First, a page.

Regularly monitor the species at selected sites across its range to determine trends. Research the extent and nature of the threat caused by hunting. Conduct awareness programmes to discourage hunting. Protect significant areas of forest at key sites, in both strictly protected areas and community-led multiple use areas. Improve the management of existing protected areas to ensure de facto protection.

Cheke, R. A.; Walsh, J. F. 1996. The birds of Togo: an annotated checklist. British Ornithologists' Union, Tring, U.K.

Dowsett-Lemaire, F.; Dowsett, R. J. 2009. Comments on forest reserves visited in eastern Ghana in 2009: wildlife (with special reference to birds) and conservation status.

Dowsett-Lemaire, F.; Dowsett, R. J. 2009. Comments on selected forest reserves in SW Ghana in 2009: wildlife and conservation status.

Dowsett-Lemaire, F.; Dowsett, R. J. 2011. An update on the birds of Atewa Range Forest Reserve, Ghana.

Dowsett-Lemaire, F.; Dowsett, R. J. 2011. Ornithological surveys in Bia National Park and Resource Reserve, Ghana (January 2005, December 2009 and September 2010).

Elgood, J. H.; Heigham, J. B.; Moore, A. M.; Nason, A. M.; Sharland, R. E.; Skinner, N. J. 1994. The birds of Nigeria. British Ornithologists' Union, Tring, U.K.

Fry, C. H.; Keith, S.; Urban, E. K. 1988. The birds of Africa vol III. Academic Press, London.

Holbech, L. H. 1996. Faunistic diversity and game production contra human activities in the Ghana high forest zone, with reference to the Western Region.

Jam, N. A. 2006. The yellow-casqued hornbill, its conservation status and problems in Cameroon, and the case study at Mt Kupe Forest Reserve.

Morel, G. J.; Morel, M. -Y. 1990. Les oiseaux de Sénégambie. Editions de l'ORSTOM (Institut Français de Recherche Scientifique pour le Développement en Coopération), Paris.

Further web sources of information
Explore HBW Alive for further information on this species

Search for photos and videos, and hear sounds of this species from the Internet Bird Collection

Text account compilers
Mahood, S., O'Brien, A., Pilgrim, J., Robertson, P., Shutes, S., Starkey, M., Taylor, J.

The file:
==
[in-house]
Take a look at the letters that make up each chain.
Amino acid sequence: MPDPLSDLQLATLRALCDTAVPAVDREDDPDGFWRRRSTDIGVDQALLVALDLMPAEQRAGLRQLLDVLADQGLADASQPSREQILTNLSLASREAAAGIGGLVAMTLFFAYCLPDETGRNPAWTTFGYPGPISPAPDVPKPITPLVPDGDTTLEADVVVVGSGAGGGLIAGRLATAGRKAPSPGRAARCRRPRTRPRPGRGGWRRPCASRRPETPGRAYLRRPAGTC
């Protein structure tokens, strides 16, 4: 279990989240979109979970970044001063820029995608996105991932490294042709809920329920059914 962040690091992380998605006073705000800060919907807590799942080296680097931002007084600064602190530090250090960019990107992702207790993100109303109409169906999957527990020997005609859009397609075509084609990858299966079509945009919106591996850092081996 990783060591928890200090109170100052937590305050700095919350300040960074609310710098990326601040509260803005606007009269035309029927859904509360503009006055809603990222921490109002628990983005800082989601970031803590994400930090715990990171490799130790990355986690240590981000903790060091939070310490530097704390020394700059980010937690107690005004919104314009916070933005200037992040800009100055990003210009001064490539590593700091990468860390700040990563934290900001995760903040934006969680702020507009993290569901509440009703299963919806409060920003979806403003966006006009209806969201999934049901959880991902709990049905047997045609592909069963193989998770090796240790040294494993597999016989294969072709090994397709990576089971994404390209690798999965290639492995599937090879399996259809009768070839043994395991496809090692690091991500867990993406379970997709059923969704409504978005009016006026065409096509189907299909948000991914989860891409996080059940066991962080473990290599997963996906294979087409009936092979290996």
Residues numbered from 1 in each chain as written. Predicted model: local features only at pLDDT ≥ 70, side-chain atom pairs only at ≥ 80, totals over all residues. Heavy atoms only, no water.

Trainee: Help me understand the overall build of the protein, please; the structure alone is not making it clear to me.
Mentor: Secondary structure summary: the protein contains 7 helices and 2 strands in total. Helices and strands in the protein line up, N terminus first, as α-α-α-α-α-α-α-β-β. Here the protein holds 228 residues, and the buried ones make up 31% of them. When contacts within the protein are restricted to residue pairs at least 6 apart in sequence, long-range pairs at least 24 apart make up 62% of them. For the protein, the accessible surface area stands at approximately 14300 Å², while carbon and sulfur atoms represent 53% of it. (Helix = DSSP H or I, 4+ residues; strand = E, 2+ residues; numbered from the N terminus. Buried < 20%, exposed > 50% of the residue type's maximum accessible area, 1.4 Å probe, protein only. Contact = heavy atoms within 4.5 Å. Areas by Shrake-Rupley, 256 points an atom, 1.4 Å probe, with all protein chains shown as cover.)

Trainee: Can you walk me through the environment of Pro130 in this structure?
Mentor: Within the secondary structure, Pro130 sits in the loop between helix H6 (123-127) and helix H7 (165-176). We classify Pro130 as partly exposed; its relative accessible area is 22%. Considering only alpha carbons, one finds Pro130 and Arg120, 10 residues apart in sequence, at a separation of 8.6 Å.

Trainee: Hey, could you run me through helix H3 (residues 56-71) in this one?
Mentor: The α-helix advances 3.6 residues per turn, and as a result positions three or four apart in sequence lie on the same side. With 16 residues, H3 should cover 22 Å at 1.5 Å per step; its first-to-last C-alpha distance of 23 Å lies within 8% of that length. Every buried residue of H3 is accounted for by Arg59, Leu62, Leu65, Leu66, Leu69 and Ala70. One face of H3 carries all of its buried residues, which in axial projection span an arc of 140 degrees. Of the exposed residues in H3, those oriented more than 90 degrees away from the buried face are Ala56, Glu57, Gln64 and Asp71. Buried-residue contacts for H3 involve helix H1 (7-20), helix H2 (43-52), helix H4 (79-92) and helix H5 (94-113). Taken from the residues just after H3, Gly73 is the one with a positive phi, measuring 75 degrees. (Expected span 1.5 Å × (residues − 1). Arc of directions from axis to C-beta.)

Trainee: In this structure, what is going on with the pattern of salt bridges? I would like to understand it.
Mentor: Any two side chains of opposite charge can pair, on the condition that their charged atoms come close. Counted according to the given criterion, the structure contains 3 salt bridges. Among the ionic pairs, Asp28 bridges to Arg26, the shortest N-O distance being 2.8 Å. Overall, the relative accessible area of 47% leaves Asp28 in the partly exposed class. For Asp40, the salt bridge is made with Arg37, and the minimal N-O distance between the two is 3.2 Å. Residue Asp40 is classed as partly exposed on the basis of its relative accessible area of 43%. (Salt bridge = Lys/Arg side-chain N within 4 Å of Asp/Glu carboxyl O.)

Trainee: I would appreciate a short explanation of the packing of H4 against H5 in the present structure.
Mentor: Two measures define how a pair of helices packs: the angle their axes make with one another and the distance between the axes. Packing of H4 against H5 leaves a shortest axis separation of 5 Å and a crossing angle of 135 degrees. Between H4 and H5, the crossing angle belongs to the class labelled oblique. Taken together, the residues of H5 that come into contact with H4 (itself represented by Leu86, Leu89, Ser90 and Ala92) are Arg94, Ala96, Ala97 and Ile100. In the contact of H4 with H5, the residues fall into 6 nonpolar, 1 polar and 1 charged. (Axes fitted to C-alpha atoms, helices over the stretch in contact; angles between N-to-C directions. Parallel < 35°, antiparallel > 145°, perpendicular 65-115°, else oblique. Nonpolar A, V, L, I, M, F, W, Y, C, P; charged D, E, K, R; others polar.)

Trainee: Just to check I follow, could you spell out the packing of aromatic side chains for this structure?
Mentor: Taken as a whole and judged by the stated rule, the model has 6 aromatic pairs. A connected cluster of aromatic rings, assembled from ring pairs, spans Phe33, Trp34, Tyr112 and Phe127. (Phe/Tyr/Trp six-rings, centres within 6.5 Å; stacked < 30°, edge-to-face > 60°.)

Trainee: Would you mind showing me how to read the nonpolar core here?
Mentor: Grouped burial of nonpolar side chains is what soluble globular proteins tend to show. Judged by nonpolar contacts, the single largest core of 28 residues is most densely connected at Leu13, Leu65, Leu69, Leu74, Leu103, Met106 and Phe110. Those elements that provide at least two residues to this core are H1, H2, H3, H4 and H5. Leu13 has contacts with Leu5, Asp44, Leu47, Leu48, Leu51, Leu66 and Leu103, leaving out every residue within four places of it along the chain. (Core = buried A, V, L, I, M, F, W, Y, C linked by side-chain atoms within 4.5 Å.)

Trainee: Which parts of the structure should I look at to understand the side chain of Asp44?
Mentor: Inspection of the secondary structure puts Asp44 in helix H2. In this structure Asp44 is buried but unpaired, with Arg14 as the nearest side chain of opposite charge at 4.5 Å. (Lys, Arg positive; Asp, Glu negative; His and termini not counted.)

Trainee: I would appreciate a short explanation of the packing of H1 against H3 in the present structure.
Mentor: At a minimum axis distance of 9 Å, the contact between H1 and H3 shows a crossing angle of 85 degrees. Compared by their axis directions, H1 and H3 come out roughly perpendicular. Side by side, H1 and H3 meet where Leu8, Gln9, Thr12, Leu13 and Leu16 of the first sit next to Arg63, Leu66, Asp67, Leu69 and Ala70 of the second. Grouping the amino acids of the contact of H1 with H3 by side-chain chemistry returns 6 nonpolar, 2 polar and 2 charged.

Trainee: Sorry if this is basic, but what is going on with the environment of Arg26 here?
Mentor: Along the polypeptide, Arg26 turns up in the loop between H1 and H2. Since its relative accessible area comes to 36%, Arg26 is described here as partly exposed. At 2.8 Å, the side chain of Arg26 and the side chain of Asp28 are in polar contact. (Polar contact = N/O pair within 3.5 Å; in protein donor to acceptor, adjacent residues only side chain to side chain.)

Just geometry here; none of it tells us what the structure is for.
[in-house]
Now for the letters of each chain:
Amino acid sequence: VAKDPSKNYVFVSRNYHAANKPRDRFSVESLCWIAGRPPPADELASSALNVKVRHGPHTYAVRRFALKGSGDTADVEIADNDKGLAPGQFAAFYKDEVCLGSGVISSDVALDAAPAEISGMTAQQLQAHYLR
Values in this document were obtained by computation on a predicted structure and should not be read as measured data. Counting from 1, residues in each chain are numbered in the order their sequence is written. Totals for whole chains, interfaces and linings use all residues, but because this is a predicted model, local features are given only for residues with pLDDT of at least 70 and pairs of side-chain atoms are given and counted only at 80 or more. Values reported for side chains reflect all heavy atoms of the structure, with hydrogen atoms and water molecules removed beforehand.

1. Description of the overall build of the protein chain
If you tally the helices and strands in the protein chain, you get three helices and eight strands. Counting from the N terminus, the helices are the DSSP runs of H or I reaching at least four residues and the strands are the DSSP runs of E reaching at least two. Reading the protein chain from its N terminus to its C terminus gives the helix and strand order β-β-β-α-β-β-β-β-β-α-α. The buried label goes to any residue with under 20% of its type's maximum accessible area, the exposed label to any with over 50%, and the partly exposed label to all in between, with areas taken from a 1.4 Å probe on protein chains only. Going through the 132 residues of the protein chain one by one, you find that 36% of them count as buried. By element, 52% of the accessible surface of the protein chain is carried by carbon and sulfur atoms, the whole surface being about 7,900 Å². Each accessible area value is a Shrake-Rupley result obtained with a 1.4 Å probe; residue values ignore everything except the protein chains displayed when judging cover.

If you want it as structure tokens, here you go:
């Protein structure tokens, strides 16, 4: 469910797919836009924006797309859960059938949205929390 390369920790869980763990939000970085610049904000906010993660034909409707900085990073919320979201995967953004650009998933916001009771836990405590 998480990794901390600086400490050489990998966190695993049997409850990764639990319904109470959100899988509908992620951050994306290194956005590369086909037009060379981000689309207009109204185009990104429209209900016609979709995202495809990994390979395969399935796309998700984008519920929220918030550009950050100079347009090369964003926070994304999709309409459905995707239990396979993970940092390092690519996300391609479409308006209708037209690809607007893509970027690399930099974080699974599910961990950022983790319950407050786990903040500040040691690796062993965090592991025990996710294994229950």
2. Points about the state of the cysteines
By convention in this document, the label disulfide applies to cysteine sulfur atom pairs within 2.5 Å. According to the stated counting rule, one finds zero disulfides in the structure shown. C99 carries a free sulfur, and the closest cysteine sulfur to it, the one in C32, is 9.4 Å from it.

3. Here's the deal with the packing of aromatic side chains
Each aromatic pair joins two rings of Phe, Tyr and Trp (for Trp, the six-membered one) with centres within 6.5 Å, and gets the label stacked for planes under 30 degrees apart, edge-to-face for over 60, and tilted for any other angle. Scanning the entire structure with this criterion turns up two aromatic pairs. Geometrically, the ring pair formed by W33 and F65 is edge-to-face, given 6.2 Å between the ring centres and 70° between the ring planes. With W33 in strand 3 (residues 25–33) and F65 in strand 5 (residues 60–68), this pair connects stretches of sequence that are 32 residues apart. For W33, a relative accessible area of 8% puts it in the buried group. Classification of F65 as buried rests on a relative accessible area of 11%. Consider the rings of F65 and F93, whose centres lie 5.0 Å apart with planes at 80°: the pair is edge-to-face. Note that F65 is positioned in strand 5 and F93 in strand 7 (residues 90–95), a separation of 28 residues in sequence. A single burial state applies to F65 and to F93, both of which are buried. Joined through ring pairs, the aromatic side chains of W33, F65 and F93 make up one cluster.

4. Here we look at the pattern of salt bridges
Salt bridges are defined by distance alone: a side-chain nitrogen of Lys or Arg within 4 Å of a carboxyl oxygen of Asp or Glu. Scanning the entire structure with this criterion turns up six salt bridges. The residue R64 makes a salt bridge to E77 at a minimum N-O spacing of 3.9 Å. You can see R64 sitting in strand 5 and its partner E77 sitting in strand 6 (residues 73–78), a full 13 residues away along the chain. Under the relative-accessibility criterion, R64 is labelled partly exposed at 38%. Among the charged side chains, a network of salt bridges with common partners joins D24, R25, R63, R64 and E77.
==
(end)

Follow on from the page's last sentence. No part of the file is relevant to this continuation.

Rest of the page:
Barlow, C., Dowsett, R., Dowsett-Lemaire, F., Hall, P., Lindsell, J., Rainey, H.

IUCN Red List evaluators
Butchart, S., Symes, A.

Recommended citation
BirdLife International (2016) Species factsheet: Ceratogymna elata. Downloaded from on 30/06/2016. Recommended citation for factsheets for more than one species: BirdLife International (2016) IUCN Red List for birds. Downloaded from on 30/06/2016.

This information is based upon, and updates, the information published in BirdLife International (2000) Threatened birds of the world. Barcelona and Cambridge, UK: Lynx Edicions and BirdLife International, BirdLife International (2004) Threatened birds of the world 2004 CD-ROM and BirdLife International (2008) Threatened birds of the world 2008 CD-ROM. These sources provide the information for species accounts for the birds on the IUCN Red List.

To provide new information to update this factsheet or to correct any errors, please email BirdLife

To contribute to discussions on the evaluation of the IUCN Red List status of Globally Threatened Birds, please visit BirdLife's Globally Threatened Bird Forums.

Additional resources for this species

ARKive species - Yellow-casqued hornbill (Ceratogymna elata)

Key facts
Current IUCN Red List category Vulnerable
Family Bucerotidae (Hornbills)
Species name author (Temminck, 1831)
Population size 8000-9000 mature individuals
Population trend Decreasing
Distribution size (breeding/resident) 495,000 km2
Country endemic? No
Links to further information
- Additional Information on this species
- Projected distributions under climate change